The inaugural Earthshot awards ceremony rang out last weekend, fuelling climate conversations among global audiences. The Royal headliners and rock star performances, couldn’t outshine the creative ingenuity of the winners who each earned £1m to expand their climate saving plans.Continue reading "Thirty seconds to own the room – star presenters at the Earthshot awards"
I have seen some brilliant emails and posts in the last few days – from my local Indian restaurant, Haweli, to Sainsbury’s, to other small business owners like me. It doesn’t matter if you’re big or small; clear, regular and relevant communications are critical.
As we all adjust to the new “normal” personally and “business as usual” professionally, it occurred to me that there are some really simple tips for communicating in a crisis.
Take one senior politician, one well-known and much-loved brand, and add social media. Stir together and what do you get?
That’s right, the perfect recipe for a Twitter storm.
That’s exactly what happened to Yorkshire Tea this weekend when Rishi Sunak MP, the Conservative MP for Richmond (in North Yorkshire as it happens) shared an image of himself making a cup of tea, standing next to a giant bag of the famous Yorkshire brew.
Bafta is axing celebrity goody bags from this weekend’s ceremony. Opting instead for gifting wallets made from recycled plastics. It’s a timely plot twist to the 2020 award season. The buzz of a new bag – the colour, the look on the arm, the cramming of essentials into one place, is the ultimate pleasure purchase. But against heightened ethical and environmental consumer standards, is it possible for a Tote to do greater good?
“Those difficult situations, they don’t frighten me… never waste a good crisis. When you have a crisis, then you have the fantastic platform for change”.
The refreshing perspective of Airbus Chief Executive Guillaume Faury in the Sunday Times, provides a timely excuse to consider the good that comes out of the bad, for crisis comms professionals.
Prince Andrew would have done well to follow the Green Cross Code as he stepped into the path of the oncoming Newsnight interview. There has since been much scrutiny of the Royal’s press advisors and why they failed to follow the basics when it comes to media handling in a global reputational storm.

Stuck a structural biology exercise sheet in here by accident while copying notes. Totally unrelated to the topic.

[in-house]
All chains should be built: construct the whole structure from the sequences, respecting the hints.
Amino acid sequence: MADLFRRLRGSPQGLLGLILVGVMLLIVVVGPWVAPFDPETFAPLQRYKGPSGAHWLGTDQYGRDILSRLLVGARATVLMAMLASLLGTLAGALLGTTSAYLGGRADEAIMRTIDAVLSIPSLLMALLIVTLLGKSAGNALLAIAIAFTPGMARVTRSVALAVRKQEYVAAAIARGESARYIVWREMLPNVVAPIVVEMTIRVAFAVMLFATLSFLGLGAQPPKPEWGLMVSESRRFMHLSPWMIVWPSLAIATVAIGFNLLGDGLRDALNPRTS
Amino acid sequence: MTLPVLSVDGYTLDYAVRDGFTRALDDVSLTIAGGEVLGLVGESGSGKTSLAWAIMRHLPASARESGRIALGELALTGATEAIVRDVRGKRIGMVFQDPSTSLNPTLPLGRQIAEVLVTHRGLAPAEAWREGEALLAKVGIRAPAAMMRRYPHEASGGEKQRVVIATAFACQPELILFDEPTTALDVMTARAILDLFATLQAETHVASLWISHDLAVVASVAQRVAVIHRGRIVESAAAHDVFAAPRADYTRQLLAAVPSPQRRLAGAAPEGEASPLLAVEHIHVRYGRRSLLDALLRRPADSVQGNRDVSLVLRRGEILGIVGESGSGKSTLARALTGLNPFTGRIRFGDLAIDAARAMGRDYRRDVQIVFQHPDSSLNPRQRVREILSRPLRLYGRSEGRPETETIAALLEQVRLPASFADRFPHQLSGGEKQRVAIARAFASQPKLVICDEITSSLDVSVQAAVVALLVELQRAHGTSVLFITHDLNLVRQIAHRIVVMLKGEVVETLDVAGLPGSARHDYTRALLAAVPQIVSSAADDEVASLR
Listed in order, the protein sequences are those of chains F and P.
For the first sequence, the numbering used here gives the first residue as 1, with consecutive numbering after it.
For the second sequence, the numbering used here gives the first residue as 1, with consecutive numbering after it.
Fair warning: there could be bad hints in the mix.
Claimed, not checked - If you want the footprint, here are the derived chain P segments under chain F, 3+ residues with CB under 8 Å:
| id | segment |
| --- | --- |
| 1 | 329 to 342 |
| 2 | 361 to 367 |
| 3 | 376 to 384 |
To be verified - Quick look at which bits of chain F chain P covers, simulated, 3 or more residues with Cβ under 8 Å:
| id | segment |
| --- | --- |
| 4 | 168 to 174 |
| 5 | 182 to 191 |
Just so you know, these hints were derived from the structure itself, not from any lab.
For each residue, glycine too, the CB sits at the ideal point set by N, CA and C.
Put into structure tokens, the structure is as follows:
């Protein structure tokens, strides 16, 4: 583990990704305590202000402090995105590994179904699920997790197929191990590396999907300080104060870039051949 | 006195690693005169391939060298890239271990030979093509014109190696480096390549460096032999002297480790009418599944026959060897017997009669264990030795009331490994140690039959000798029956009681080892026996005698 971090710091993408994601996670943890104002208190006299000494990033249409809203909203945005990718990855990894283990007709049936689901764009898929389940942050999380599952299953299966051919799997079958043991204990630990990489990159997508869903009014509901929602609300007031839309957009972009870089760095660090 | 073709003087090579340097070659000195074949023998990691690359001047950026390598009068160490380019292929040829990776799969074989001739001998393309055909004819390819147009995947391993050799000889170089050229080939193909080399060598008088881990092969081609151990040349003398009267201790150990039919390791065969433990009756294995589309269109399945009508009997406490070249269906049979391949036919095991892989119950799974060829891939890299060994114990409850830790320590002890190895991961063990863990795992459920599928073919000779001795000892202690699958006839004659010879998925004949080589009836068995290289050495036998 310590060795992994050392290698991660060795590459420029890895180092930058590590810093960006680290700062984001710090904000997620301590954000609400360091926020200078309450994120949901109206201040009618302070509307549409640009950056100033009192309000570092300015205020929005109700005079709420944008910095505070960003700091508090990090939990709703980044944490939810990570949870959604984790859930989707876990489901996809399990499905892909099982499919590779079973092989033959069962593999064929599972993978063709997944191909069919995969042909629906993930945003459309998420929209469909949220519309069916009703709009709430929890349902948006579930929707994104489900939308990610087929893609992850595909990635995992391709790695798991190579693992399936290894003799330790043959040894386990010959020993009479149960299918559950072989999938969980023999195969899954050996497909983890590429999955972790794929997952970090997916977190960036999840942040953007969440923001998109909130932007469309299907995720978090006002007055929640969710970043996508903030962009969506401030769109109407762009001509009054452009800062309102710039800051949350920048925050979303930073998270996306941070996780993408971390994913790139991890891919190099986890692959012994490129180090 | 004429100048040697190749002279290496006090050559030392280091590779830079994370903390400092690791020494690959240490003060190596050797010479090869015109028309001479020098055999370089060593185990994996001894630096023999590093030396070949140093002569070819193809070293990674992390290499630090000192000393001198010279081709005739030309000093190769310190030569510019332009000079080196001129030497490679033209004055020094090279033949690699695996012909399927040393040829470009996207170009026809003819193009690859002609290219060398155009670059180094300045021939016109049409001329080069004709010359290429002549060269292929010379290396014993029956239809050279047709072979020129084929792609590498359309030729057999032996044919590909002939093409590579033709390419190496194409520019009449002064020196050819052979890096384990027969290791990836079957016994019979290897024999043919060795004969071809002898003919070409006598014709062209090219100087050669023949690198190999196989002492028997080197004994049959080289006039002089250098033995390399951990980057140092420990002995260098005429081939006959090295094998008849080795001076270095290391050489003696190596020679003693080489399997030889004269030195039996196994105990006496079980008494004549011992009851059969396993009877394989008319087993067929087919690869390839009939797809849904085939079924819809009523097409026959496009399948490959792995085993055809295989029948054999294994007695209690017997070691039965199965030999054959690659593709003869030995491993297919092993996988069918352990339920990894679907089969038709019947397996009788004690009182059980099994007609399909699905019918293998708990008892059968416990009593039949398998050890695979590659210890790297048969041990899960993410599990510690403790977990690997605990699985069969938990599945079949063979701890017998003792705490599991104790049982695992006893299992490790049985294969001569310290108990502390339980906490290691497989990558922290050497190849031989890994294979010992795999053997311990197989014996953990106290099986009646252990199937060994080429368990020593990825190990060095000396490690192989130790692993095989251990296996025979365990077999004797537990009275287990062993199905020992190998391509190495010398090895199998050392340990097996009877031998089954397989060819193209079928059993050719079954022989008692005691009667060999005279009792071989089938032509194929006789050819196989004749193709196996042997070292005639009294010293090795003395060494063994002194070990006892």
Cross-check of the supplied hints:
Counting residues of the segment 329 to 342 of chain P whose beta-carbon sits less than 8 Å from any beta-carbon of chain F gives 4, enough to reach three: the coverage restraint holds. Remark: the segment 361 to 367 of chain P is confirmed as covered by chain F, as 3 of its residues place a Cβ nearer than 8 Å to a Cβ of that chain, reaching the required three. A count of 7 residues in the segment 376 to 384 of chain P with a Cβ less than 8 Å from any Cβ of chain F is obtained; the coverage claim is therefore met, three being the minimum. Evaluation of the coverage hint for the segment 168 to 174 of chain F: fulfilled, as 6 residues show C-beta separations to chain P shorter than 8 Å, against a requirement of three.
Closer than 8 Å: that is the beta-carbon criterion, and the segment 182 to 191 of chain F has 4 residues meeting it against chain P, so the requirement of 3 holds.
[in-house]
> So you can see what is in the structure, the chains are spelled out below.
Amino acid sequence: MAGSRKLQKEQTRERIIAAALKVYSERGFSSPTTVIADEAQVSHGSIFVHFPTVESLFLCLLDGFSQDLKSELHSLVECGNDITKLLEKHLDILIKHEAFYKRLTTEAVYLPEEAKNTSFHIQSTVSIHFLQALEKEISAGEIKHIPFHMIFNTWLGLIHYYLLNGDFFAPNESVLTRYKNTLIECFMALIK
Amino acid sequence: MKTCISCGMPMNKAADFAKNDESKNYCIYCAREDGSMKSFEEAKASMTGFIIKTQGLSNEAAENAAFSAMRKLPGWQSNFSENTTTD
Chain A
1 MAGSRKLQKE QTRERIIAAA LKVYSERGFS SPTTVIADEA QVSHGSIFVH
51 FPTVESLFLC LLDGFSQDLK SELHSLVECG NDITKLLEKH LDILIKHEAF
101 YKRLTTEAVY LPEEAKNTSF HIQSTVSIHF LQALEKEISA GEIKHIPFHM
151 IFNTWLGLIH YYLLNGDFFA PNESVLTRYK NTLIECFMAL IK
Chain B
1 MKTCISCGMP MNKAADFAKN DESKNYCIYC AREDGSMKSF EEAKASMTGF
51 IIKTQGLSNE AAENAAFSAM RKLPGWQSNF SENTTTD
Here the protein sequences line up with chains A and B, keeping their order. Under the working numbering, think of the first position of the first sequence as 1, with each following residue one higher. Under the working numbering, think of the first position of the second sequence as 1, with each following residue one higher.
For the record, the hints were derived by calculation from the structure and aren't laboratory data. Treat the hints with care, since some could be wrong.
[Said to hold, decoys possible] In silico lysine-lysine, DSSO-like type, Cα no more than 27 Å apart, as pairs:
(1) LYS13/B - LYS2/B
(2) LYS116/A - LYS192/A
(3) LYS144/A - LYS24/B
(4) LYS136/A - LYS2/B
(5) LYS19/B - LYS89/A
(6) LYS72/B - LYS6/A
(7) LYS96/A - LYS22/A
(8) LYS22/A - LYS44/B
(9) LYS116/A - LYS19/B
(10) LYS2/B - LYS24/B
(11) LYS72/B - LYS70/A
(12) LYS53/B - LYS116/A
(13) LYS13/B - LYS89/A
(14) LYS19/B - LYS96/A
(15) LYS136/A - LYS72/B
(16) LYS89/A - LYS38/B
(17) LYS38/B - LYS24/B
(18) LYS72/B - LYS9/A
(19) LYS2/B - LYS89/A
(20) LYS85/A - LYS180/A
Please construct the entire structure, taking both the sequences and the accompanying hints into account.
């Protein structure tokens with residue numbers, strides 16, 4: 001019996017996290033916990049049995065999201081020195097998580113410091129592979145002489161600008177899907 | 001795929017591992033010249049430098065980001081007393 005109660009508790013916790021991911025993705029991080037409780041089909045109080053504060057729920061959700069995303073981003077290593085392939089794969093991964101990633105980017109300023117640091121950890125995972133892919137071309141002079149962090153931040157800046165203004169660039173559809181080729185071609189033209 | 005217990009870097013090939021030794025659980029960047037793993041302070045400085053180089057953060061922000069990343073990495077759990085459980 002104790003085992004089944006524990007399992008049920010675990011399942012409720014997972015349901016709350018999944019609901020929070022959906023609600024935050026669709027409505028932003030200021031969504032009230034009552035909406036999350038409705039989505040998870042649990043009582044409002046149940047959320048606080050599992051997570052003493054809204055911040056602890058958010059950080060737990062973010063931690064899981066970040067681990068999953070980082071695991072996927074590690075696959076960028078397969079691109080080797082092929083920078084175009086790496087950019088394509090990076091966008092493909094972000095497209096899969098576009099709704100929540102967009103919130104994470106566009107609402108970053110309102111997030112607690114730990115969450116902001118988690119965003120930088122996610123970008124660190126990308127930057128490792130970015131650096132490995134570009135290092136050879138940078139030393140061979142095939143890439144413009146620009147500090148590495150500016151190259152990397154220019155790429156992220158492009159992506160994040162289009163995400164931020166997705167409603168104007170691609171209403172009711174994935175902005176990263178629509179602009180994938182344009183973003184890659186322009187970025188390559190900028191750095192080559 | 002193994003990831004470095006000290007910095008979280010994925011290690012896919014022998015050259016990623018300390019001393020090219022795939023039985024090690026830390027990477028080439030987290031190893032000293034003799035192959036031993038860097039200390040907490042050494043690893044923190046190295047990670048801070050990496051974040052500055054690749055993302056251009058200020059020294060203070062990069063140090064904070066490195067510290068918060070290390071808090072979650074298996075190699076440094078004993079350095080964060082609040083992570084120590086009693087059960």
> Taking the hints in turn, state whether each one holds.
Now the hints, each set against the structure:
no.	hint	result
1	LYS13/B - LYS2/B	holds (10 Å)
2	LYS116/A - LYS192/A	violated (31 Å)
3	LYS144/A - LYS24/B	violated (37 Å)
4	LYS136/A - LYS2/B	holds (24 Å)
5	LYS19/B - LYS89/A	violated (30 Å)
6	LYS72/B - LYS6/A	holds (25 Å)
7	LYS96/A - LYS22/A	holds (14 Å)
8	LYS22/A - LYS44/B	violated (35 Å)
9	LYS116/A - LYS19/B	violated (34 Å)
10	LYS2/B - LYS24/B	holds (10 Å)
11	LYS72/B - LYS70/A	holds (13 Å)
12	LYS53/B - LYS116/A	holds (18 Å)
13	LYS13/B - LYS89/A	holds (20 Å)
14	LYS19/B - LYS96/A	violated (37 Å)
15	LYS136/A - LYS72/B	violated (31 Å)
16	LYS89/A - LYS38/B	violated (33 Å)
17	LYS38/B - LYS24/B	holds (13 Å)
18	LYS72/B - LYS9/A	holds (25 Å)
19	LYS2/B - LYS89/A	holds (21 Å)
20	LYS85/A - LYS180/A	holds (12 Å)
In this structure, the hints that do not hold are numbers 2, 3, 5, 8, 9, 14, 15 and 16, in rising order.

Taking time to stop, look and listen to external communications advisors during a crisis is critical to long term reputation. Like a friendly Green Man, people like us, reiterate life outside the crisis bubble and wider public perception both in the moment and the hours, days and weeks to follow.
In among political break-ups and breakaways, a commitment to clean up take-aways is hardly big news - at first glance.
And yet the pledge by Just Eat to remove any of the 29,000 UK restaurants registered with them, who score a zero food hygiene rating, gives food for thought. The food ordering app is investing £1m in hygiene and safety standards. Restaurants that fail to make the grade by 01 May will be kicked off the app and any new entries must score ‘generally satisfactory’ for hygiene.Continue reading "Managing Reputation – Warning strong stomach required to read on"
Mangold Consultancy made a welcome return to Marlow FM’s The Buzz last week, opening 2019 with lively discussions about the high street, Chinese economics and speaker confidence. I was one of two guests on the weekly show, invited to look at topical business stories and forecasts for 2019. Continue reading "Radio Waves"
Less than a week after revelations about the financial future of Patisserie Valerie made headlines, executive chairman Luke Johnson gave an interview to the same newspaper where he regularly contributed a business column.
The move navigated some tricky reputational waters and a creeping narrative about British retail and high street horror stories. Continue reading “Pattiserie Valerie – Serves up a showstopper interview”
Viewers of the excellent Channel 4 obs doc Inside The Embassy got to follow new U.S Ambassador Woody Johnson – personal friend of Donald Trump and billionaire businessman in his own right. Continue reading “The diplomatic art of delivering the razor sandwich”
Yesterday morning on BBC Radio 4’s “Today” programme, Nick Robinson made a not insignificant point of letting listeners know that Jeremy Corbyn was “unavailable” for an interview. Robinson, reporting from the Labour Party Conference said Corbyn had been offered the pick of any time slot he wanted. But there was no Mr Corbyn and his deputy Tom Watson stepped up instead.
It’s unusual for a political leader not to give an interview to the Today programme during party conference season. But who says anyone has to give an interview? Continue reading “Just say no – is it ever right to refuse an interview?”
The truth is that no one really knows what goes on inside an organisation during a crisis, apart from the people managing it. There are often multiple business objectives which reach far beyond being featured on the programme. Continue reading “Kudos to my ex colleagues at BBC Watchdog”
Yesterday, the Government’s Chief Medical Officer Prof Dame Sally Davies made a statement. An important statement for any of the 500 or so people who had visited the restaurant and pub in Salisbury where trace amounts of the substance used to poison ex-Russian spy Sergei Skripal and his daughter were found.
Now I don’t live in Salisbury. But my gut feeling, if I did, is that any advice about possible nerve agent contamination is probably worth listening to.